Environment
Phu An bamboo village to receive UNDP Prize
  • | VNN | August 26, 2010 06:52 AM

The Phu An Bamboo Village, a work by Dr. Diep Thi My Hanh, will be among 15 organizations that will receive the UNDP’s Equator Prize.

Primary students visit Phu An bamboo village.

Dr. My Hanh will accept the award in New York during the UN General Assembly meeting on biodiversity on September 22.

The UNDP Equator Initiative awards the Equator Prize biennially for outstanding local, indigenous, and community efforts to reduce poverty through conservation and sustaining biodiversity.


Dr. Diep Thi My Hanh.

The Equator Prize 2010 will be awarded to twenty-five local and indigenous communities from across the tropics; twenty will receive US$5,000 and a further five will be selected as “special recognition” winners and receive a total of US$20,000. “Special recognition” will be awarded in each region of prize eligibility (Africa, Asia and the Pacific, and Latin America and the Caribbean), one for indigenous peoples and applied traditional knowledge, and one for ecosystem-based adaptation to climate change.

Equator Prize winners are selected on the principal criteria of impact, partnerships, sustainability, innovation and transferability, leadership and community empowerment, as well as gender equality and social inclusion.

In 2003, “Phu An Bamboo Ecological Museum and Botanical Reserve” project, known as Phu An Bamboo Village, was implemented in the southern province of Binh Duong. It was a large scientific research project on Vietnamese bamboo chaired by Dr. My Hanh concerning the first and largest bamboo reserve in Southeast Asia.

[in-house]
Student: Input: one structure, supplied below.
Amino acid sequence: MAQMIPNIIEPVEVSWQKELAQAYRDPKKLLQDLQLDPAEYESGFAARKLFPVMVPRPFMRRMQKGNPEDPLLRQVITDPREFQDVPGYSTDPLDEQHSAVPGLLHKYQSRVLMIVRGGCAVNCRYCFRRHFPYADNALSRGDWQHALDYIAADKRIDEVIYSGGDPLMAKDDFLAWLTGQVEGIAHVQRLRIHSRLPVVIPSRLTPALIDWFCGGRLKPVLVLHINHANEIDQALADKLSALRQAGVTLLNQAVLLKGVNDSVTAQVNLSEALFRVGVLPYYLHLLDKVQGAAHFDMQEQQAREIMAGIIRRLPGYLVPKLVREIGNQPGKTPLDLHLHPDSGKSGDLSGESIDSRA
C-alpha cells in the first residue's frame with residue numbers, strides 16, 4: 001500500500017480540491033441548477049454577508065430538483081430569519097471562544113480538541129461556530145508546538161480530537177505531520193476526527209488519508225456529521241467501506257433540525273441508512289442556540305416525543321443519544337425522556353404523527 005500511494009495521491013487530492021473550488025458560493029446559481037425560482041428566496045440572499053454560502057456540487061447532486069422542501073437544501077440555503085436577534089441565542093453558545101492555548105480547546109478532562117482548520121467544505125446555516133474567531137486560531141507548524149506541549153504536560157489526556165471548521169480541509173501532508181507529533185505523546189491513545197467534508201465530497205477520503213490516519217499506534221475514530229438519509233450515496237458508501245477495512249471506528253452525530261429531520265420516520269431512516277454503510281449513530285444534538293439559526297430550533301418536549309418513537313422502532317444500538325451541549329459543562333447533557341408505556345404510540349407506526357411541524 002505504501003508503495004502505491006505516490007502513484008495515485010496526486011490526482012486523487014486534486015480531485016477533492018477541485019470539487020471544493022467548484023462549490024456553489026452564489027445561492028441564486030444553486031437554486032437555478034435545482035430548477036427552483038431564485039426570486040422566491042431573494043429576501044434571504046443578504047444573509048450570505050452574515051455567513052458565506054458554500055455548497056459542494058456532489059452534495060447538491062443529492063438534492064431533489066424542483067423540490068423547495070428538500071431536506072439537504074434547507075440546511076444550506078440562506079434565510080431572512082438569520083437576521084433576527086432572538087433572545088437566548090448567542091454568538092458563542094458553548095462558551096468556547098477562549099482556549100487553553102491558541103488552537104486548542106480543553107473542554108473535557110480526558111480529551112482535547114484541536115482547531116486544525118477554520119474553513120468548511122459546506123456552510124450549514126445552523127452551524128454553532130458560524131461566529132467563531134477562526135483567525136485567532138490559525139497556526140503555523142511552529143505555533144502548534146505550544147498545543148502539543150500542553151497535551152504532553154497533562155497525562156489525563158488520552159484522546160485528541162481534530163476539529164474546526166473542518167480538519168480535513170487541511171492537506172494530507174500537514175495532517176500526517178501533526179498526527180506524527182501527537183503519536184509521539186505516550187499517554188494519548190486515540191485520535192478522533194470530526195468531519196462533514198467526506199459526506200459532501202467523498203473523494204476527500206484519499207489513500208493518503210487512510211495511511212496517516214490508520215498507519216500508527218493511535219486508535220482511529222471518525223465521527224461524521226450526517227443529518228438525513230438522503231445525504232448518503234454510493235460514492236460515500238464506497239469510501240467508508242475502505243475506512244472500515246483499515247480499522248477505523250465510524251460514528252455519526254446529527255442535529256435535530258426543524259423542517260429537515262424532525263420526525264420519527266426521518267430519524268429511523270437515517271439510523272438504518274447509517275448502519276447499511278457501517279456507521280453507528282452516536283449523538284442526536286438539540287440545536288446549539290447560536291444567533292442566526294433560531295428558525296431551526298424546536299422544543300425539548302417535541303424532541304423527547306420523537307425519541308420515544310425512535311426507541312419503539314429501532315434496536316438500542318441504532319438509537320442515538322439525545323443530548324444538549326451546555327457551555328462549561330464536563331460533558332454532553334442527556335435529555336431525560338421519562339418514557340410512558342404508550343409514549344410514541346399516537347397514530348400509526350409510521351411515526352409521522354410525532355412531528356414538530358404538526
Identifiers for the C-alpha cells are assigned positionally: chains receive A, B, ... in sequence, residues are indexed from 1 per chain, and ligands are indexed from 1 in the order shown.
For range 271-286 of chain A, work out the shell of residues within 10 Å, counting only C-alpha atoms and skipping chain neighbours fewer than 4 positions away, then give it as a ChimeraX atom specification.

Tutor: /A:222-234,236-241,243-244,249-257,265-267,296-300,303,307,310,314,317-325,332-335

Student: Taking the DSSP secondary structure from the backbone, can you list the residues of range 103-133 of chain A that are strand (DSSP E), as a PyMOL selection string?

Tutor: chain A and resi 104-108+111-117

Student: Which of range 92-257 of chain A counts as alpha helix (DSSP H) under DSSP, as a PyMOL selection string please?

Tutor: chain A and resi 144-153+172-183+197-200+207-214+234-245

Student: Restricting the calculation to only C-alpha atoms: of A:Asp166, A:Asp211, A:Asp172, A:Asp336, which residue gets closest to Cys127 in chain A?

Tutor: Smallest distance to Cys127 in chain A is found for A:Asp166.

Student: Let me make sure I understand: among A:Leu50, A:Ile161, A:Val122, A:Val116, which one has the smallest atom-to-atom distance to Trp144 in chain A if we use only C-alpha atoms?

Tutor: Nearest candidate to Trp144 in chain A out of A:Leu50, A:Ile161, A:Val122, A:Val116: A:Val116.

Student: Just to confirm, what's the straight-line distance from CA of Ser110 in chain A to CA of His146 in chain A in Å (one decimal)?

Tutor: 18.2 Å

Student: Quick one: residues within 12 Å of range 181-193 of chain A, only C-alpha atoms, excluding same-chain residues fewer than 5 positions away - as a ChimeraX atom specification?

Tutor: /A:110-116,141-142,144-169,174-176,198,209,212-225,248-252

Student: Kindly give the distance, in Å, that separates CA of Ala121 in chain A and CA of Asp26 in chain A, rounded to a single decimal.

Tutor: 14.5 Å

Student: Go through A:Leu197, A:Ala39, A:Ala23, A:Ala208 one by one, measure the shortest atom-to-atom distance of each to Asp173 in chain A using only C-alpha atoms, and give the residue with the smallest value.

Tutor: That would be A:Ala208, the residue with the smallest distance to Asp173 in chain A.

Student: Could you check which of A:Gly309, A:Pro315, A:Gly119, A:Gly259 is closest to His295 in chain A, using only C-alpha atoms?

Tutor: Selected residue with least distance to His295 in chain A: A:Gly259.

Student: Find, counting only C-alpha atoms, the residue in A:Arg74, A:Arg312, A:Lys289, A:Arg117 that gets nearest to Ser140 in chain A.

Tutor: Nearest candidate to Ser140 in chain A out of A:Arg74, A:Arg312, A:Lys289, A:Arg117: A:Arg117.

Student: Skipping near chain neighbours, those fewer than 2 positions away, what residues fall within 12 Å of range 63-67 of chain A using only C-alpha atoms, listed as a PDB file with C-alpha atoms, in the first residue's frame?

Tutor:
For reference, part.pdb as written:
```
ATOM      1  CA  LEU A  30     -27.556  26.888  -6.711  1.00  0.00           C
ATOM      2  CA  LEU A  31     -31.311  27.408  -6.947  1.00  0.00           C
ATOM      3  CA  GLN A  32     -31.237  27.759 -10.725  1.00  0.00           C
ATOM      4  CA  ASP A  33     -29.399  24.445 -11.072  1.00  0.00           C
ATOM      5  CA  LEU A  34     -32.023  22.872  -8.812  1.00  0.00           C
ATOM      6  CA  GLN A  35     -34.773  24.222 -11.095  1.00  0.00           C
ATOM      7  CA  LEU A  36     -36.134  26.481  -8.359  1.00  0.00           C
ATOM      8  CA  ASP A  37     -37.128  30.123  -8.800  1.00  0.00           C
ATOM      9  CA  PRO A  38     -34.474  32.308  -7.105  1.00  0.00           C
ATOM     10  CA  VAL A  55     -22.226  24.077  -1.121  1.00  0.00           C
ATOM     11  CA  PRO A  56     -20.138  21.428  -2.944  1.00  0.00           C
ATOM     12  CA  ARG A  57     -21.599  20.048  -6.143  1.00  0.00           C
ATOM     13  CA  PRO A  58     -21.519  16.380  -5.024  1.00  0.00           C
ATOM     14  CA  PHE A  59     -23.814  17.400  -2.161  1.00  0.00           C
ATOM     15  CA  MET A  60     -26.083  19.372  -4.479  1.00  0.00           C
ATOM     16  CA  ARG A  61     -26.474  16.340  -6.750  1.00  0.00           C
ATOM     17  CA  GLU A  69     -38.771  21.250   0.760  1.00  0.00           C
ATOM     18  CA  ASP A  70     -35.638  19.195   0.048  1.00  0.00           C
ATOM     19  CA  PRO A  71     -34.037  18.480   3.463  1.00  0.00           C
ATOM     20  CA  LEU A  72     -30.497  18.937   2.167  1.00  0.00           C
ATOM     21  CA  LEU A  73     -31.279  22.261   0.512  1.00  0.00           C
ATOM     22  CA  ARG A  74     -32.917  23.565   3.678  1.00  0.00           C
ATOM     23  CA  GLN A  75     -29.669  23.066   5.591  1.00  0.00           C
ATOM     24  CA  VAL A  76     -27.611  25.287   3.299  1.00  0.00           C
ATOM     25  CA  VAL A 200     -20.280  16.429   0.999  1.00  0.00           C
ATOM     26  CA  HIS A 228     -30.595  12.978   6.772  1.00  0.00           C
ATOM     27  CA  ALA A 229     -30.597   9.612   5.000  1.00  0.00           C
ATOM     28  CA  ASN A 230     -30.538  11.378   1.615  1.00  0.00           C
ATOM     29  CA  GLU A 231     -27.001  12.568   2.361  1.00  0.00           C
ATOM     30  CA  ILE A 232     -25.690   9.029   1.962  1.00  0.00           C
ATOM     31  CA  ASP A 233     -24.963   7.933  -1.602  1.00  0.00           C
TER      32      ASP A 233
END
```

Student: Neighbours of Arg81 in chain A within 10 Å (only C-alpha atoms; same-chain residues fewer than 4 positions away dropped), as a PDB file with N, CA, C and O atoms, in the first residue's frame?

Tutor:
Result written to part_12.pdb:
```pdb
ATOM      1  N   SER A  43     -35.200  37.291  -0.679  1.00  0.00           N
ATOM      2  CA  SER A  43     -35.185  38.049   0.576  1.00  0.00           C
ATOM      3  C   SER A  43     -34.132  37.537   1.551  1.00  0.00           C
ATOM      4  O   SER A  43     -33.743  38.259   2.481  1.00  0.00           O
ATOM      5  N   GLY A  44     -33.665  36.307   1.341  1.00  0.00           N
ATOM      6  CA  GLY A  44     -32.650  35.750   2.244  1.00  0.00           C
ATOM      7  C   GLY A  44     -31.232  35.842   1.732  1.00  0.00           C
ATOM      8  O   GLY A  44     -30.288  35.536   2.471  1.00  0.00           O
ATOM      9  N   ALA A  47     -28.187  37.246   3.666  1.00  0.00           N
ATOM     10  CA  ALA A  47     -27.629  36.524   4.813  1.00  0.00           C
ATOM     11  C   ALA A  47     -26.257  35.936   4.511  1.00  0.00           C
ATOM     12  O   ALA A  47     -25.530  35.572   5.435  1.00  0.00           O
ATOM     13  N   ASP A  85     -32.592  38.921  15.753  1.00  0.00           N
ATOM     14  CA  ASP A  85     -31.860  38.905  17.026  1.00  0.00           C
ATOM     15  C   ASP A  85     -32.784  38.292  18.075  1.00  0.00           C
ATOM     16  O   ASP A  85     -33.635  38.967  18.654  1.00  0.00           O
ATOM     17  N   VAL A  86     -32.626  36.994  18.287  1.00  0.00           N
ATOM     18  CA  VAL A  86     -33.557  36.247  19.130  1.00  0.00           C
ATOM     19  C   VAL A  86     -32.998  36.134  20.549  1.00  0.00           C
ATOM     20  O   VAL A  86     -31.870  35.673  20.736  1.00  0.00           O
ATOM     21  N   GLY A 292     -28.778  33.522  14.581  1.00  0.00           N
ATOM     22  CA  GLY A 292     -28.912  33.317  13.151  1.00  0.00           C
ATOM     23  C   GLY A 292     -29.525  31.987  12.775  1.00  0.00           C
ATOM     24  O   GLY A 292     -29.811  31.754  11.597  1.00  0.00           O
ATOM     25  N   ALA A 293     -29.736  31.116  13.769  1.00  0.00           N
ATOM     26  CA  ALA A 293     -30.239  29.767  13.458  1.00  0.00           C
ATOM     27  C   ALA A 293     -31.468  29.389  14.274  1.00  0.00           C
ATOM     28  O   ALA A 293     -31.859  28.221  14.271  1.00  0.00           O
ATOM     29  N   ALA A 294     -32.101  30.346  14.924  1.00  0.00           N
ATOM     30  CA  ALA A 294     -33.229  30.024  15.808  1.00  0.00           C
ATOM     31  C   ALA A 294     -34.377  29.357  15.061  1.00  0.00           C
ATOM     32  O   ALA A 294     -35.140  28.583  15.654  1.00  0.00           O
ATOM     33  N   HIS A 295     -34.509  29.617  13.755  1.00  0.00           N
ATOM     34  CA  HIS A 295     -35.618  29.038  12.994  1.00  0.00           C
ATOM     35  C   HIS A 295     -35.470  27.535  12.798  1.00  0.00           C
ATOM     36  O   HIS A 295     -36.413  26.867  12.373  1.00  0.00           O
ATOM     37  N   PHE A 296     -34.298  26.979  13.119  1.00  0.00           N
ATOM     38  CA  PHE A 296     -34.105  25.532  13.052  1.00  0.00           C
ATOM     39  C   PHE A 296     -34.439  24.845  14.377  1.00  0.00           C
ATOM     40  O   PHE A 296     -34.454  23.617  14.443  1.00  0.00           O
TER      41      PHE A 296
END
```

The vast ecological reserve has a collection of over 300 samples of about 130 species of bamboo belonging to 17 varieties, accounting for almost 90 percent of bamboo varieties in Vietnam. Among them are rare and precious varieties, such as Phyllostachys, Bambusa, Teinostachym, ivory bamboos, and tripped-yellow bamboo.

Visiting the 10-hectare area, visitors can see the specific bamboo varieties of each region in the country, such as big bamboo from the North or thin bamboo with a vast canopy growing on the sides of canals in the South.

After receiving a Ph.D in environmental techniques at the Paris 12 Val de Marne University in France, Dr. My Hanh always nurtured an aspiration to do something for her homeland. Originating from her love for nature and sweet childhood memories of the village’s bamboo clusters, she announced her idea of building Phu An Bamboo Village at a meeting with people in her native village – Phu An - in 1999.

The project was implemented with the cooperation of Binh Duong Province, France’s Rhone Alpes Region, the Pilat Natural Park of France, and Ho Chi Minh City’s University of Natural Sciences. Rhone Alpes Region provided 596,000 euros and Binh Duong Province provided $1.5 million plus ten hectares of land.

Phu An Bamboo Village has produced new products made of bamboo. The local authorities and people have begun constructing an eco-tourism model, focusing on bamboo trees and bamboo products.

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